The Commercial Court recently discharged an injunction restraining the enforcement of a US court order made under Section 1782 of Title 28 of the US Code (Assistance to foreign and international tribunals and to litigants before such tribunals). Section 1782 applications can be a useful weapon in an English litigator's armoury as a means of obtaining evidence under the control of a US-based entity through US-style discovery, including by the use of depositions and documentary evidence.
The Supreme Court recently ruled that a bank providing a reference relating to its customer owed a tortious duty of care only to the addressee. The decision reflects the wider judicial trend of restricting the circumstances in which duties of care for negligent misstatement are found to exist on the basis of an assumption of responsibility by the party making the statement.
The Court of Appeal recently confirmed that an English jurisdiction clause in the underlying International Swaps and Derivatives Association Master Agreement under which certain swaps were made should be applied to disputes relating to the swap transactions, rather than an Italian jurisdiction clause in a competitor agreement governing the parties' generic relationship.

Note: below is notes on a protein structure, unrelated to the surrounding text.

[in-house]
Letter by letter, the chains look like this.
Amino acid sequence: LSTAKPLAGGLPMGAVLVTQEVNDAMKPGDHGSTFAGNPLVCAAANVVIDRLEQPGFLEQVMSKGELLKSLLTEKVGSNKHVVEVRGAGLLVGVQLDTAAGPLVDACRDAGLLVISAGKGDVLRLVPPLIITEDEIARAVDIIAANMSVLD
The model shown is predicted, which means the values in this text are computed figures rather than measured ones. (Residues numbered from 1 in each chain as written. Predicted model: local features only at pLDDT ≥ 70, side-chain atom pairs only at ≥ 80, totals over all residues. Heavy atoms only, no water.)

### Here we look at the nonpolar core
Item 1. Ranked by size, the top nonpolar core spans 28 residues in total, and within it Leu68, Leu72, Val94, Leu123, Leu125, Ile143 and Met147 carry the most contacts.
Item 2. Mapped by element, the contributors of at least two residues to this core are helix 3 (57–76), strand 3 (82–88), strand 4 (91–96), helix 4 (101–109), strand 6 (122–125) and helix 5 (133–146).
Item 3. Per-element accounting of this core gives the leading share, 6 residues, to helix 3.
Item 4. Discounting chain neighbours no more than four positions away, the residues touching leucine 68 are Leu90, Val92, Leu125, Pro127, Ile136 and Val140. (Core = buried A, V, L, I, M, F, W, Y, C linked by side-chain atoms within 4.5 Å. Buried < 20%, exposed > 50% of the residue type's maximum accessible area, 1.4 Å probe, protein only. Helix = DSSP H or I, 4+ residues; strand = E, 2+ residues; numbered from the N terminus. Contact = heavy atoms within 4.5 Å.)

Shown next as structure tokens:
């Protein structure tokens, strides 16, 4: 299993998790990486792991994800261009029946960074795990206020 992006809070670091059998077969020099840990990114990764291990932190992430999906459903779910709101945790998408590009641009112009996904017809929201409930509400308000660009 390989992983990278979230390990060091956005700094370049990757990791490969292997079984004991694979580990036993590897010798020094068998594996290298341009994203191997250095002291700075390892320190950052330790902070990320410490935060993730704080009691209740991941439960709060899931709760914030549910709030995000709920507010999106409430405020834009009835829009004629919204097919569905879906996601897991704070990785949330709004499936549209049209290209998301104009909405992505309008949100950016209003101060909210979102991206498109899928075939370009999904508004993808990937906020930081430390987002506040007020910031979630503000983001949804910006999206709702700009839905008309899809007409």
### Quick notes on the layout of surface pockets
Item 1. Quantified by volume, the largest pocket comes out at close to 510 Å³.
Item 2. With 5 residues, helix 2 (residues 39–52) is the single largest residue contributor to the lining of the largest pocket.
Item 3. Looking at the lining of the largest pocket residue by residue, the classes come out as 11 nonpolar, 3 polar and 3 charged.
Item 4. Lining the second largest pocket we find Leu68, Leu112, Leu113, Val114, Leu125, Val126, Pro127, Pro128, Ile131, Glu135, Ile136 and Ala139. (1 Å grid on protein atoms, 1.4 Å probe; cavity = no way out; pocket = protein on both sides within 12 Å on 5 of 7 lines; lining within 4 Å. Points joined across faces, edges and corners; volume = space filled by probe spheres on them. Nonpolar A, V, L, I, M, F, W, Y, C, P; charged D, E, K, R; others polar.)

A recent case serves as a lesson that context is key to a watertight entire agreement clause. The purchasers of Nottingham Forest Football Club brought a negligent misrepresentation claim against the club's sellers. The sellers denied the claim and argued that the share purchase agreement provided a contractual procedure for dealing with any misrepresentations of the club's liabilities, and that the relevant entire agreement clause should therefore be read in that context.
A master's decision to allow a non-party to proceedings to access a wide range of documents in the proceedings was recently reviewed by the Court of Appeal. As well as providing useful guidance on how the court should deal with applications by non-parties for access to documents, this case is a reminder to parties to proceedings that they should be aware of the potential loss of confidentiality.